Derek Chauvin will learn his sentence Thursday for violating George Floyd's civil rights, with a deal in place that will extend the time the former Minneapolis police officer already is spending behind bars for killing Floyd while shifting him to possibly more favorable conditions in a federal prison.
Chauvin agreed to a sentence of 20 to 25 years in his December plea to a federal charge in Floyd's killing. U.S. District Judge Paul Magnuson will make the final decision, with prosecutors seeking the full 25 on the grounds that Chauvin's actions were cold-blooded and needless.
They also noted that Chauvin's plea included an admission that he violated the rights of a then-14-year-old Black boy whom he restrained in an unrelated case in 2017, and argued that he had a history of misusing restraints.
The defense has asked for 20 years, saying Chauvin accepts responsibility for what he did and has already been sentenced to 22 1/2 years in prison by a state court in Floyd's murder. Attorney Eric Nelson wrote that Chauvin's "remorse will be made apparent to this Court," suggesting Chauvin will likely speak at Thursday's hearing.
Former U.S. Attorney Tom Heffelfinger said a judge could take such a statement into consideration during sentencing.
"This is his opportunity to say, 'I'm sorry, I didn't mean to, I didn't think, or whatever,'" Heffelfinger said. "In federal court it's very much to the inmate's advantage to be remorseful, and to demonstrate remorse, even more than at a state sentencing."
Chauvin briefly addressed Floyd's family at his state sentencing hearing in May 2021, offering condolences. Relatives of Floyd gave victim impact statements then, and have the right to do so Thursday. The family's attorneys did not respond to messages seeking comment on their plans.
In entering his federal plea, Chauvin for the first time admitted that he kept his knee on Floyd's neck — even as the Black man's pleaded, "I can't breathe," and then became unresponsive — resulting in Floyd's death. Chauvin, who is white, admitted he willfully deprived Floyd of his right to be free from unreasonable seizure, including unreasonable force by a police officer, during the May 2020 arrest.
Floyd's killing sparked protests in Minneapolis and around the world in a reckoning over police brutality and racism.
That was one of several cases mentioned in state court filings that prosecutors said showed Chauvin used neck or head and upper body restraints seven times dating back to 2014, including four times state prosecutors said they went beyond the point force was needed.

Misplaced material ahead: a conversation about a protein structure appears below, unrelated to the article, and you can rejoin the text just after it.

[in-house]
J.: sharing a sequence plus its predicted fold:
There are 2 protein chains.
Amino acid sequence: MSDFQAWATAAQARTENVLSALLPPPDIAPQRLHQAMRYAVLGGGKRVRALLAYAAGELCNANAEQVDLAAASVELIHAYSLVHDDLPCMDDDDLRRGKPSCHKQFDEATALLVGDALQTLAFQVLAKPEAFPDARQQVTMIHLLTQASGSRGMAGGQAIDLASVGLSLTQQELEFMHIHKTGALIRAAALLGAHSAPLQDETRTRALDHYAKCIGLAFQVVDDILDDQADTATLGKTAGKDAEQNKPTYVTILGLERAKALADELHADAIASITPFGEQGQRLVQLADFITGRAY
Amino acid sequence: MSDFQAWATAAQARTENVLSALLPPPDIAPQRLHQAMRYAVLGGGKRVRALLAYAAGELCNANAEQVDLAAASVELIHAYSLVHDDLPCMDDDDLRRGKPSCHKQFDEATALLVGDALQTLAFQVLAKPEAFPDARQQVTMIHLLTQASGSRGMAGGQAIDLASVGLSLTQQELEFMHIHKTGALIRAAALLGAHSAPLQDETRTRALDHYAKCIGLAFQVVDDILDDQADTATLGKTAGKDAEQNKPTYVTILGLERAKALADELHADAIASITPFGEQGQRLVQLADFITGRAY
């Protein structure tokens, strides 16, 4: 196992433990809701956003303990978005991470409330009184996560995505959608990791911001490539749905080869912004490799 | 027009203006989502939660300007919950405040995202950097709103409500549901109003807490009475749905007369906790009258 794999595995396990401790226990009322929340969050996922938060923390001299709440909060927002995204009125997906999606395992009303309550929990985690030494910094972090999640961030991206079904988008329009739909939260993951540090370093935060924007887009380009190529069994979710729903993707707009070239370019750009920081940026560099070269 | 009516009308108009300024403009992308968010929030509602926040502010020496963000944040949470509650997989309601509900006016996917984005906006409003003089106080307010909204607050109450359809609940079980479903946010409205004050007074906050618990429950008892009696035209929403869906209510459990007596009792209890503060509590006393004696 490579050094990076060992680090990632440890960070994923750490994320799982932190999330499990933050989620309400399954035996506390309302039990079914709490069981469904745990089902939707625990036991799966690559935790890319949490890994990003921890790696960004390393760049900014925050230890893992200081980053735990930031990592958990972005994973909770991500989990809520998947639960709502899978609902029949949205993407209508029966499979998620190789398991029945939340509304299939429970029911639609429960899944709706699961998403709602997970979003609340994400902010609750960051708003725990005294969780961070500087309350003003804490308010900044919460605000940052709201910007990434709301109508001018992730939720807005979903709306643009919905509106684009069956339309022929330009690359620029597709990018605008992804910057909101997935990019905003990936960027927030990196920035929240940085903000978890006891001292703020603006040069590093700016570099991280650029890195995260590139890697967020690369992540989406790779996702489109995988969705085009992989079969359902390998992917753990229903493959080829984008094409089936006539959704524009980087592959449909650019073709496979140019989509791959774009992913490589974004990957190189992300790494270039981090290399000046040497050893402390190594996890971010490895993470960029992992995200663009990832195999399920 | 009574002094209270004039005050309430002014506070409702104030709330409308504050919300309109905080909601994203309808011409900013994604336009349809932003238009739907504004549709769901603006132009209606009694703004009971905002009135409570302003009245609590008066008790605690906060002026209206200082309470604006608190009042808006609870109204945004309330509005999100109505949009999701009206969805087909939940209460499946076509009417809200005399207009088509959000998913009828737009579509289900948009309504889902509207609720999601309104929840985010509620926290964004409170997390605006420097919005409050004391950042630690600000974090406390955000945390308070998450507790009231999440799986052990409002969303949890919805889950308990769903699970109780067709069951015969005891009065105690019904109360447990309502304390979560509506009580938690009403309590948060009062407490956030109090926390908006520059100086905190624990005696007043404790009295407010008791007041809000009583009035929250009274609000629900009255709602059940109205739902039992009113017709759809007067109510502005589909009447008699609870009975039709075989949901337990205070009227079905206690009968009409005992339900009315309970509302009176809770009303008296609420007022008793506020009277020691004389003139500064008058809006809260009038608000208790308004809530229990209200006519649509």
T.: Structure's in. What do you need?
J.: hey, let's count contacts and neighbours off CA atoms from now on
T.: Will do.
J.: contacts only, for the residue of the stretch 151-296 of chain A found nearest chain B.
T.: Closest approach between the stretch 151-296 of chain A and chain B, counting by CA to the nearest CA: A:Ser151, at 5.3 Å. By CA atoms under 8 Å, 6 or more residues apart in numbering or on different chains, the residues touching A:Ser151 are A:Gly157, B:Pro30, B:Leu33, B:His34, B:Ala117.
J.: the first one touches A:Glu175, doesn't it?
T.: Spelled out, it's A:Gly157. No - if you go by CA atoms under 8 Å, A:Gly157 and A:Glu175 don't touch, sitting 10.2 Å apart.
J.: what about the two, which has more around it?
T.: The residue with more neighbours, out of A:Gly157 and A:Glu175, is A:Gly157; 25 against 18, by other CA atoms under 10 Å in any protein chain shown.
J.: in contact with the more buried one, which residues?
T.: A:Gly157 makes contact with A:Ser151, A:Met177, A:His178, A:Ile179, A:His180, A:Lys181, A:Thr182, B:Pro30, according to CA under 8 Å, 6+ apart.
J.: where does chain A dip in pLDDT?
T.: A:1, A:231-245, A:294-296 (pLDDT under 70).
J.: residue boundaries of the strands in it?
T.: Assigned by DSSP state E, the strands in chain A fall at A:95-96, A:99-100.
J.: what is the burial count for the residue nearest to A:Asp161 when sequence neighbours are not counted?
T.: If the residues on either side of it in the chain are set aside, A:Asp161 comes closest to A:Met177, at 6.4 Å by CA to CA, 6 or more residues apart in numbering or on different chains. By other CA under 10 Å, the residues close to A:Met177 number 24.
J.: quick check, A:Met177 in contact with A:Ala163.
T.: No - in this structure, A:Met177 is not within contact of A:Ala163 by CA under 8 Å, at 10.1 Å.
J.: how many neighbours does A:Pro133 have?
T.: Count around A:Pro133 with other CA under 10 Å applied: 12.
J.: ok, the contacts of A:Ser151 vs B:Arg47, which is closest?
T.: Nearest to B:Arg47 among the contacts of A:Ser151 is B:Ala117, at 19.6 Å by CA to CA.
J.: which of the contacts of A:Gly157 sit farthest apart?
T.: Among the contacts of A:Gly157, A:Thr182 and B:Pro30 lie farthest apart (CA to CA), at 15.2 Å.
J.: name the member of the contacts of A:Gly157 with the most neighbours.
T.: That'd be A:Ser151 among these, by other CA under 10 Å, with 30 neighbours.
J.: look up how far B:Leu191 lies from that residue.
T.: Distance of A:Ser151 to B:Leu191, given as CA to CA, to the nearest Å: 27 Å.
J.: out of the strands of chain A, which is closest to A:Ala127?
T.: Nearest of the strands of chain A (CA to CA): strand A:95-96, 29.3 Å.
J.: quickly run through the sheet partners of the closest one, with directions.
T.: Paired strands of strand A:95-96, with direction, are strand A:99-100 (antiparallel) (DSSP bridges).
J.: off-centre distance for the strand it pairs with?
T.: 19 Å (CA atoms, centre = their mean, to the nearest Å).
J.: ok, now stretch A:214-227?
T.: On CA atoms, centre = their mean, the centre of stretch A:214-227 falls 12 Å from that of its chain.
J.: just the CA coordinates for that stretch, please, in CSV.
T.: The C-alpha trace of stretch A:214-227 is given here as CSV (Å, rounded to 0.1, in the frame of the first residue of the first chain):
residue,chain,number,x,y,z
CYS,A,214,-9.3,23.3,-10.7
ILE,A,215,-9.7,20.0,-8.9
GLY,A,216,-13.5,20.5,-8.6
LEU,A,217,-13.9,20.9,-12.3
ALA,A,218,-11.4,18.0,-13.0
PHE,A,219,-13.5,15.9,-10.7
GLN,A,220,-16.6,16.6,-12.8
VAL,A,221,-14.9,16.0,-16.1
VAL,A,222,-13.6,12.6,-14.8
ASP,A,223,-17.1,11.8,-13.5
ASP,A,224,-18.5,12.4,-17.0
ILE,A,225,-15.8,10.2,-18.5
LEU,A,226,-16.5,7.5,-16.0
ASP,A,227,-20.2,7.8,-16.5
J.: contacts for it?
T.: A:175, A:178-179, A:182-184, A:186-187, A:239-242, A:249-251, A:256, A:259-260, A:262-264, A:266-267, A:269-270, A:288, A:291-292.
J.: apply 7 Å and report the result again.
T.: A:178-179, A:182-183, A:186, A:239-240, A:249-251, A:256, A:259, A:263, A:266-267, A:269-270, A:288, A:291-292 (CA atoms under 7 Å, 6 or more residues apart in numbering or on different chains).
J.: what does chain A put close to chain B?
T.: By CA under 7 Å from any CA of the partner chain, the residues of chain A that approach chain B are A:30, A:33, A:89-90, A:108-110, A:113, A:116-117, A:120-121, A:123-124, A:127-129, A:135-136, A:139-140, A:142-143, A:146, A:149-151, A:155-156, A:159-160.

For his own protection, Chauvin has been held in isolation in a 10-by-10-foot room at the state's maximum security prison that he's allowed to leave for an average of one hour per day for exercise.
Defense attorney Eric Nelson said in a court filing last month that Chauvin might never be placed in a prison's general population because of the risks of him becoming a target.
Chauvin's plea deal calls for him to serve the federal sentence at the same time as the state one, and to serve it in federal prison. He's expected to serve more time behind bars than he would have faced on the state sentence alone.
However, experts say Chauvin might be safer, and live under fewer restrictions, in a federal prison. His security level and final destination will be up to the U.S. Bureau of Prisons, which could send him anywhere in the country.
Chauvin would run the risk in the general population of a Minnesota state prison of encountering inmates he had arrested or investigated. While he can't totally escape his notoriety in a federal prison elsewhere, he's unlikely to encounter inmates with whom he has a direct connection. If the bureau decides he's safe enough in the general population, he would have more opportunities to move about the facility, to work and to participate in programming.
With credit for good time in the federal system, he could serve anywhere from 17 years to 21 1/4 years behind bars, assuming the judge sticks to the range in the plea agreement. In the state system alone, Chauvin could have become entitled to parole after about 15 years.
Three other former Minneapolis police officers — Tou Thao, J. Alexander Keung and Thomas Lane — were convicted in February of federal civil rights charges in Floyd's killing. Magnuson has not set sentencing dates for them.
Lane is also due to be sentenced Sept. 21 after pleading guilty in state court to aiding and abetting second-degree manslaughter. Thao and Kueng turned down plea deals and are due to be tried in state court Oct. 24 on aiding and abetting charges.
Additional reporting by The Associated Press.